The first cases of COVID-19 in Canadian wildlife have been discovered in three white-tailed deer, a press release from Environment and Climate Change Canada reports.
The National Centre for Foreign Animal Disease confirmed the detections on Nov. 29 but the deer were sampled between Nov. 6 to 8 in the Estrie region of Quebec. The deer showed no evidence of clinical signs of disease and were “all apparently healthy.”
“As this is the first detection of SARS-CoV-2 in wildlife in Canada, information on the impacts and spread of the virus in wild deer populations is currently limited,” the press release states.
“The finding emphasizes the importance of ongoing surveillance for SARS-CoV-2 in wildlife to increase our understanding about SARS-CoV-2 on the human-animal interface.”
The World Organisation for Animal Health was notified about the discovery on Dec. 1.
The department is urging added precaution – like wearing a well-fitted mask – when exposed to “respiratory tissues and fluids from deer.”
The virus has been found in multiple animal species globally including farmed mink, cats, dogs, ferrets, and zoo animals such as tigers, lions, gorillas, cougars, otters and others.
“Recent reports in the United States have revealed evidence of spillover of SARS-CoV-2 from humans to wild white-tailed deer, with subsequent spread of the virus among deer. There has been no known transmission of SARS-CoV-2 from deer to humans at this time,” the release reads.
U.N. seeks record $41 billion for aid to hotspots led by Afghanistan, Ethiopia
The United Nations appealed on Thursday for a record $41 billion to provide life-saving assistance next year to 183 million people worldwide caught up in conflict and poverty, led by a tripling of its programme in Afghanistan.
Famine remains a “terrifying prospect” for 45 million people living in 43 countries, as extreme weather caused by climate change shrinks food supplies, the U.N. said in the annual appeal, which reflected a 17% rise in annual funding needs.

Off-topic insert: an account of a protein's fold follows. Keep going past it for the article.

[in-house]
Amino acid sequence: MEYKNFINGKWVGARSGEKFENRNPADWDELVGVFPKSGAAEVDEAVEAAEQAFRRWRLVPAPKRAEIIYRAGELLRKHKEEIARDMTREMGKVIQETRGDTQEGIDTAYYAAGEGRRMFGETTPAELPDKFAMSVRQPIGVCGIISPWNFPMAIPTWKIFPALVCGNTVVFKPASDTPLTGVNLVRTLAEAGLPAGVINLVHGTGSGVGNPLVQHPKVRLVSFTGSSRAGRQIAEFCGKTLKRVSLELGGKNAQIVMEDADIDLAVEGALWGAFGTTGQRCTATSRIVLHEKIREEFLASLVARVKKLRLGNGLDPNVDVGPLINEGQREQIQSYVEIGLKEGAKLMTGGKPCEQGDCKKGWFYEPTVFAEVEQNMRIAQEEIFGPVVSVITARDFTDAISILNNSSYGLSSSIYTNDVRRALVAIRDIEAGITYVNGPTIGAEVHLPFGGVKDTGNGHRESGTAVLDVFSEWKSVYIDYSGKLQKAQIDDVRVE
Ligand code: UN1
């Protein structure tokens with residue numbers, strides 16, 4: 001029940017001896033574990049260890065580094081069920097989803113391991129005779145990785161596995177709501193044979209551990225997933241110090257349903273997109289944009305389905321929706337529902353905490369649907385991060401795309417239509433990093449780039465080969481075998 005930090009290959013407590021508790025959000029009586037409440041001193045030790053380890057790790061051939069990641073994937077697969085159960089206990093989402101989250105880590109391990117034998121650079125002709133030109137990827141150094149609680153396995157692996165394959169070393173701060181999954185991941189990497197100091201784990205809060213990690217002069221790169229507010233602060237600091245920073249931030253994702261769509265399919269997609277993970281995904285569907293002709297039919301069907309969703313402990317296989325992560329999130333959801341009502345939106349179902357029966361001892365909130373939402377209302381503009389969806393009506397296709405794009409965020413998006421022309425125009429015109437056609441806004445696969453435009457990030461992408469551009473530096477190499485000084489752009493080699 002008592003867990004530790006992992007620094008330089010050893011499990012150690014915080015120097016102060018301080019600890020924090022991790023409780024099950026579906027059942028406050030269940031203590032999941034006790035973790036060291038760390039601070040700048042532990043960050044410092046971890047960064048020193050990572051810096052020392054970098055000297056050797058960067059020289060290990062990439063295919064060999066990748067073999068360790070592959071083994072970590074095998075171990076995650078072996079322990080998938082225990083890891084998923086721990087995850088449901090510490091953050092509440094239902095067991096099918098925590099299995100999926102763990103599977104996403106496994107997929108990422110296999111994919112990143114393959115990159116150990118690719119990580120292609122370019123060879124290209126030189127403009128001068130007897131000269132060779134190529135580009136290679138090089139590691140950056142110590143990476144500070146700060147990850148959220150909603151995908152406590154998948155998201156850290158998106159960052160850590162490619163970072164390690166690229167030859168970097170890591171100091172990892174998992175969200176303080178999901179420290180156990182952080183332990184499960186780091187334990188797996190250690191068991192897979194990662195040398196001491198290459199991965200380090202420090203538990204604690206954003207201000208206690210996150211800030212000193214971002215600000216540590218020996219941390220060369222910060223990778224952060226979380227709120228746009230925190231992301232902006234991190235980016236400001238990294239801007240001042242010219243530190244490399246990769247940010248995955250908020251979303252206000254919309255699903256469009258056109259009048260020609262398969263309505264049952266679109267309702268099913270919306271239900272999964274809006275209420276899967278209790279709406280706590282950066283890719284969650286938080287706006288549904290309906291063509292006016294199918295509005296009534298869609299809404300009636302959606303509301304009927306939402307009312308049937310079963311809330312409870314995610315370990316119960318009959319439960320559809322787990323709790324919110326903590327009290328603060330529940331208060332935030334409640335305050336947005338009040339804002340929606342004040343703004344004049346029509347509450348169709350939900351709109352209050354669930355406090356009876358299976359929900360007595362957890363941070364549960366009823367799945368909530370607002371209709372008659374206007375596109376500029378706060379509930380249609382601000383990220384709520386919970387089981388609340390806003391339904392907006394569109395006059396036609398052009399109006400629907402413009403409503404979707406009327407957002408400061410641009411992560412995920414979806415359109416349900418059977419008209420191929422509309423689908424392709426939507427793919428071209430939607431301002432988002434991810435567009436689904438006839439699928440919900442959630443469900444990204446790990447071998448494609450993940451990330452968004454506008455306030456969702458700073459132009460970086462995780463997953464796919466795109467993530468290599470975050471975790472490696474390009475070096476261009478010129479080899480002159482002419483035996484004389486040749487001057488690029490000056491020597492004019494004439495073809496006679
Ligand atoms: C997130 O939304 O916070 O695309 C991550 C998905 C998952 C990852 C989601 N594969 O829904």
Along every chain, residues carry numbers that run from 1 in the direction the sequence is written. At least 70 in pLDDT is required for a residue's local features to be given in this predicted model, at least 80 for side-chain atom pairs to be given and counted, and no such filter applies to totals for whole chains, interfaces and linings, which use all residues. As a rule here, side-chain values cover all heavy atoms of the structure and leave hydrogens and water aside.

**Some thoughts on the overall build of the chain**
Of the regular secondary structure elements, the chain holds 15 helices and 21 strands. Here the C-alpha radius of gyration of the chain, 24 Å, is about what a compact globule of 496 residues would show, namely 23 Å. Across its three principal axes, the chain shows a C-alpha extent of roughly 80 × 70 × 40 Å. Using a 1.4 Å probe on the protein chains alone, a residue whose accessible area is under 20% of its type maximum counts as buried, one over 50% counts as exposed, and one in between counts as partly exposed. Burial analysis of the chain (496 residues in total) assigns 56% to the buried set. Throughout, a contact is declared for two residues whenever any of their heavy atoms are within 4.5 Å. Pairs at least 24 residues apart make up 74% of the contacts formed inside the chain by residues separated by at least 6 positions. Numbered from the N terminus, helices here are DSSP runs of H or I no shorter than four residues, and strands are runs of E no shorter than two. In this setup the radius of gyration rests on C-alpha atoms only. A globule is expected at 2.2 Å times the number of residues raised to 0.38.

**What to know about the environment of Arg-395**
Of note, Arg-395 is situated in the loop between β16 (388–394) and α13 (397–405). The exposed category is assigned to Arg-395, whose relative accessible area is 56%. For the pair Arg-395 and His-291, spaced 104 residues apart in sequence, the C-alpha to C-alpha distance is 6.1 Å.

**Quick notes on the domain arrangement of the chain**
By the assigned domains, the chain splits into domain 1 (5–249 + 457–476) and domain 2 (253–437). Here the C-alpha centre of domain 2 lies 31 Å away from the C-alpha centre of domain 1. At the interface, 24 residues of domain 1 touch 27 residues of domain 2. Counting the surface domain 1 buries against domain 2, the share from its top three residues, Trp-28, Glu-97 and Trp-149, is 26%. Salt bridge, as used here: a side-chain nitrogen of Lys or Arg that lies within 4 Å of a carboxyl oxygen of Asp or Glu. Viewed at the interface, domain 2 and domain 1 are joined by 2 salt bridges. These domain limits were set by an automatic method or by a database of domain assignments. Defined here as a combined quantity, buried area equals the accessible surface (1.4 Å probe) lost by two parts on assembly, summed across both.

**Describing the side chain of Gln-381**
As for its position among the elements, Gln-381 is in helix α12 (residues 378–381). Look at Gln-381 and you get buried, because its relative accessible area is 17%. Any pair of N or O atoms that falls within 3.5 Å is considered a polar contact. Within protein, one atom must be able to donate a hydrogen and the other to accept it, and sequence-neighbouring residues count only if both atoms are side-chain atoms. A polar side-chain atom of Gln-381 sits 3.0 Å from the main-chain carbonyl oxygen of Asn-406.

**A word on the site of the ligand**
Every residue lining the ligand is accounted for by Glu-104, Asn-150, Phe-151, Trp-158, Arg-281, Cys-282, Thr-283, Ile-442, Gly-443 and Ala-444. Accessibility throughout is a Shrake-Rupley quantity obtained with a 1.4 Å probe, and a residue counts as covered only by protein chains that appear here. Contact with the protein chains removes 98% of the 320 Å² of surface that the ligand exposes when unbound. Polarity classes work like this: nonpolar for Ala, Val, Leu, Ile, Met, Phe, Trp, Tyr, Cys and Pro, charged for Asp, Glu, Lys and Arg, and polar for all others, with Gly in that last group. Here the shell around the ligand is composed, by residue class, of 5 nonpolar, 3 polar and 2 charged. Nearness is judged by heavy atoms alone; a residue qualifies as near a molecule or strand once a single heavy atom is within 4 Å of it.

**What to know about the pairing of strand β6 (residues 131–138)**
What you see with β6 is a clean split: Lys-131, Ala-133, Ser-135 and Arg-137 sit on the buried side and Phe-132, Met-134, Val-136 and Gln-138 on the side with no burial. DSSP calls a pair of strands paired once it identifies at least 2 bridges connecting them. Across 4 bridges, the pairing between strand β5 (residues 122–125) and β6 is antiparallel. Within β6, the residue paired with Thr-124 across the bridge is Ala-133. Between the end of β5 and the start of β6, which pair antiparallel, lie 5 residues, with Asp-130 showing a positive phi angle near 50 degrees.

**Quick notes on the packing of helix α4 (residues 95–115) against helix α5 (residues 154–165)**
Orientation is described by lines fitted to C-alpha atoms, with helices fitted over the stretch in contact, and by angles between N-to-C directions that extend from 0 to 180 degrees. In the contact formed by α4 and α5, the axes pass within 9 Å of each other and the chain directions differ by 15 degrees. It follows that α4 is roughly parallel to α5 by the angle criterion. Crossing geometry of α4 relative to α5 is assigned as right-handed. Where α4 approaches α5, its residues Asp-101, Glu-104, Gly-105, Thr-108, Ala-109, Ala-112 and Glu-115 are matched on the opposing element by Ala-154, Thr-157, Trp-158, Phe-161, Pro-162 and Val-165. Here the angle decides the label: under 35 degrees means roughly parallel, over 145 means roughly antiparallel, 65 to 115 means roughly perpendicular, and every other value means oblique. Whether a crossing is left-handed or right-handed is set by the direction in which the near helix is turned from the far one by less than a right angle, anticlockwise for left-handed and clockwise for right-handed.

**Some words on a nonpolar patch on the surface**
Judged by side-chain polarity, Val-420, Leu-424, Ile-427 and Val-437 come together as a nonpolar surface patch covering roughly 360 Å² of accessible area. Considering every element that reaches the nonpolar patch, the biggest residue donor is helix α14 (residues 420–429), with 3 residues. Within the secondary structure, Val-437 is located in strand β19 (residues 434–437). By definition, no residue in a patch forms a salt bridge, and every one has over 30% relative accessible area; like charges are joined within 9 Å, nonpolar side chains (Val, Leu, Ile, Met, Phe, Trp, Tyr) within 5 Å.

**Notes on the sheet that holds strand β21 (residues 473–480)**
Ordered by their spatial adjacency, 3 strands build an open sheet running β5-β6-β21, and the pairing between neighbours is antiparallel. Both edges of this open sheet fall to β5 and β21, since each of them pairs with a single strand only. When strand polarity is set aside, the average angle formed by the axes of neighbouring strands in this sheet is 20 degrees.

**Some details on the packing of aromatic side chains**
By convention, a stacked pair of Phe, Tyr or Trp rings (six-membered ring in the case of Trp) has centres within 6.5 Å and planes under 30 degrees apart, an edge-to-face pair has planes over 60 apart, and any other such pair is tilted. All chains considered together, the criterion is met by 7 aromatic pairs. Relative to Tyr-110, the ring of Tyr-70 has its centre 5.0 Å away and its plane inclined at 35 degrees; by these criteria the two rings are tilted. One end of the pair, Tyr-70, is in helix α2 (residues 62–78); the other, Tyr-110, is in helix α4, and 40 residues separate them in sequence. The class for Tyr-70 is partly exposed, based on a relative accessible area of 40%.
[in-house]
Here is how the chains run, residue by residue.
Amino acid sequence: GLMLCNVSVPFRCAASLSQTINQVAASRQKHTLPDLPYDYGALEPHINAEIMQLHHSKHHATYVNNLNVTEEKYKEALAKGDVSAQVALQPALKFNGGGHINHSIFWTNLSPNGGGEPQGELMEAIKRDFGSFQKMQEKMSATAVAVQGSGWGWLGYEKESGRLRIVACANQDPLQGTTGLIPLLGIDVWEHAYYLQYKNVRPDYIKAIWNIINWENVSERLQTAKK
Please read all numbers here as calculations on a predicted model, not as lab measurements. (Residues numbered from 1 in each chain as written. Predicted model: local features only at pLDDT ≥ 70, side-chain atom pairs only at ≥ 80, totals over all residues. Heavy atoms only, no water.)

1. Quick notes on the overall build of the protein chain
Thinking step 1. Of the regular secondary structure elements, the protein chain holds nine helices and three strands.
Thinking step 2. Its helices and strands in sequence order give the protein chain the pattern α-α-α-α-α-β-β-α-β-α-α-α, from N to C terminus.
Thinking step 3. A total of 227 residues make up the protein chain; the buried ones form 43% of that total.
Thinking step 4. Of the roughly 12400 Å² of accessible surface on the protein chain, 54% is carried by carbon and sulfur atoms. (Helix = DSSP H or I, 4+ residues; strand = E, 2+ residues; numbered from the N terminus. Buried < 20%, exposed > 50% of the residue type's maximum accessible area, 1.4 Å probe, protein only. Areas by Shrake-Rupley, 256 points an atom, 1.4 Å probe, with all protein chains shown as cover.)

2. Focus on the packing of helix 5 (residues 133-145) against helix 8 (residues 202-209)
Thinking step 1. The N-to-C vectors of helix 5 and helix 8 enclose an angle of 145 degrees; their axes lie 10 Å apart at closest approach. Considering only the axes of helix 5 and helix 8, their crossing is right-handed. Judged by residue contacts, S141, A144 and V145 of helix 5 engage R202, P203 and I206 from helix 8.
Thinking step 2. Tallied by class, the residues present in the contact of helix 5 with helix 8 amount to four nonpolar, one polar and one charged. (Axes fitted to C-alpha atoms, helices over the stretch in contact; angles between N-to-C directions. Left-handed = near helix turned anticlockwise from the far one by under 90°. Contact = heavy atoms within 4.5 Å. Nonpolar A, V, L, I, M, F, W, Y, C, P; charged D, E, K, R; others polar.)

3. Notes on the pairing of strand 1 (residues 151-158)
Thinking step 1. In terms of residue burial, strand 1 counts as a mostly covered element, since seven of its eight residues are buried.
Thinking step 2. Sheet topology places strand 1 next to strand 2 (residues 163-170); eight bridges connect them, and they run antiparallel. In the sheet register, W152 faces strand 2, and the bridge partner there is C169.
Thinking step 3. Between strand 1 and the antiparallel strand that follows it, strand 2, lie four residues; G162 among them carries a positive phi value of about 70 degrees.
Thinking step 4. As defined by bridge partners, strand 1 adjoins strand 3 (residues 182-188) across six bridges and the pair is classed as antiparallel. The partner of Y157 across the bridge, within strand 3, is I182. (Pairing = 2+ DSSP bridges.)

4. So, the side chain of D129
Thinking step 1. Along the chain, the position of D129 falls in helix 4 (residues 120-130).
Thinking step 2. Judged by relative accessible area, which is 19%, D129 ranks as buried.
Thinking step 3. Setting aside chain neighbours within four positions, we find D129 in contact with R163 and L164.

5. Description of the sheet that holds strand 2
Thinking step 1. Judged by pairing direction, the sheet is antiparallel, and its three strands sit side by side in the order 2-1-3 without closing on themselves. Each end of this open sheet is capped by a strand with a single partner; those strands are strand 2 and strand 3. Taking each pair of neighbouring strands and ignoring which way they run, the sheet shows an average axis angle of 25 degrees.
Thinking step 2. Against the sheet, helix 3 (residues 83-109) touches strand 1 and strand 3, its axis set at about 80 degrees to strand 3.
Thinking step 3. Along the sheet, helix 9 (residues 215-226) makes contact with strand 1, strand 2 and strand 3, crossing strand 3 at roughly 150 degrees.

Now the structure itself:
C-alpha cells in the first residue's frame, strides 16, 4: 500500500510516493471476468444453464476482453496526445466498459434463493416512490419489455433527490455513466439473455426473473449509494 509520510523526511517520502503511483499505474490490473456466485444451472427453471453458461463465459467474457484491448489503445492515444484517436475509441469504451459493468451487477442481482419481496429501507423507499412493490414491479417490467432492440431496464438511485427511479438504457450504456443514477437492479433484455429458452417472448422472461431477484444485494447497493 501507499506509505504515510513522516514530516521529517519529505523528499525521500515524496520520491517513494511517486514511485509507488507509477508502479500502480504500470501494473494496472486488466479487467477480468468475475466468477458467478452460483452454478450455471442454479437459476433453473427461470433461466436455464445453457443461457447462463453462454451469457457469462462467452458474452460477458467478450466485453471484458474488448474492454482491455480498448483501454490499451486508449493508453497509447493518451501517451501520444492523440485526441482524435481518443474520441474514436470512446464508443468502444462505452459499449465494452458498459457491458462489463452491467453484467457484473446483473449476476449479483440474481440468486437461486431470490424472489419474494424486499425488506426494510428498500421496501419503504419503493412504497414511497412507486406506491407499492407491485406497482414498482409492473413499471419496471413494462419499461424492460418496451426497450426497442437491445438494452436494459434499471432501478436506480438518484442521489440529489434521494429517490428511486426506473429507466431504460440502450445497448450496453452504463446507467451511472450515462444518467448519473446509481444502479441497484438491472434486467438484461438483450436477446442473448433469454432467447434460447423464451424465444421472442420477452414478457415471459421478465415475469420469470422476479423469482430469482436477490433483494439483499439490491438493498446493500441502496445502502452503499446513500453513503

“The drivers of needs are ones which are familiar to all of us. Tragically, it includes protracted conflicts, political instability, failing economies … the climate crisis, not a new crisis, but one which urges more attention and of course the COVID-19 pandemic,” U.N. aid chief Martin Griffiths told reporters.
In a report to donors, the world body said: “Without sustained and immediate action, 2022 could be catastrophic.”
Afghanistan, Syria, Yemen, Ethiopia and Sudan are the five major crises requiring the most funding, topped by $4.5 billion sought for Taliban-ruled Afghanistan where “needs are skyrocketing”, it said.
In Afghanistan, more than 24 million people require life-saving assistance, a dramatic increase driven by political tumult, repeated economic shocks, and severe food insecurity caused by the worst drought in 27 years.
“We are in the business in the U.N. of trying to urgently establish with support from the World Bank as well as the U.N. system, a currency swap initiative which will allow liquidity to go into the economy,” Griffiths said.
“The absence of cash in Afghanistan is a major impediment to any delivery of services,” he said. “I am hoping that we get it up and running before the end of this month.”
In Ethiopia, where a year-old conflict between government and Tigrayan forces has spread into the Amhara and Afar regions, thousands have been displaced, while fighting, drought and locusts push more to the brink, the U.N. said.
Nearly 26 million Ethiopians require aid, including more than 9 million who depend on food rations, including 5 million in Tigray, amid rising malnutrition rates, it said.
“Ethiopia is the most alarming probably almost certainly in terms of immediate emergency need,” Griffiths said, adding that 400,000 people had been deemed at risk of famine already in May.
Noting that heavy fighting continued, with government forces battling Tigrayan People’s Liberation Front forces who have moved closer to the capital Addis Ababa, he added: “But capacity to respond to an imploded Ethiopia is almost impossible to imagine.”
(Reporting by Stephanie Nebehay; editing by Richard Pullin)
Doug Ford applauds new COVID-19 travel restrictions, says more discussions with feds to be held – Globalnews.ca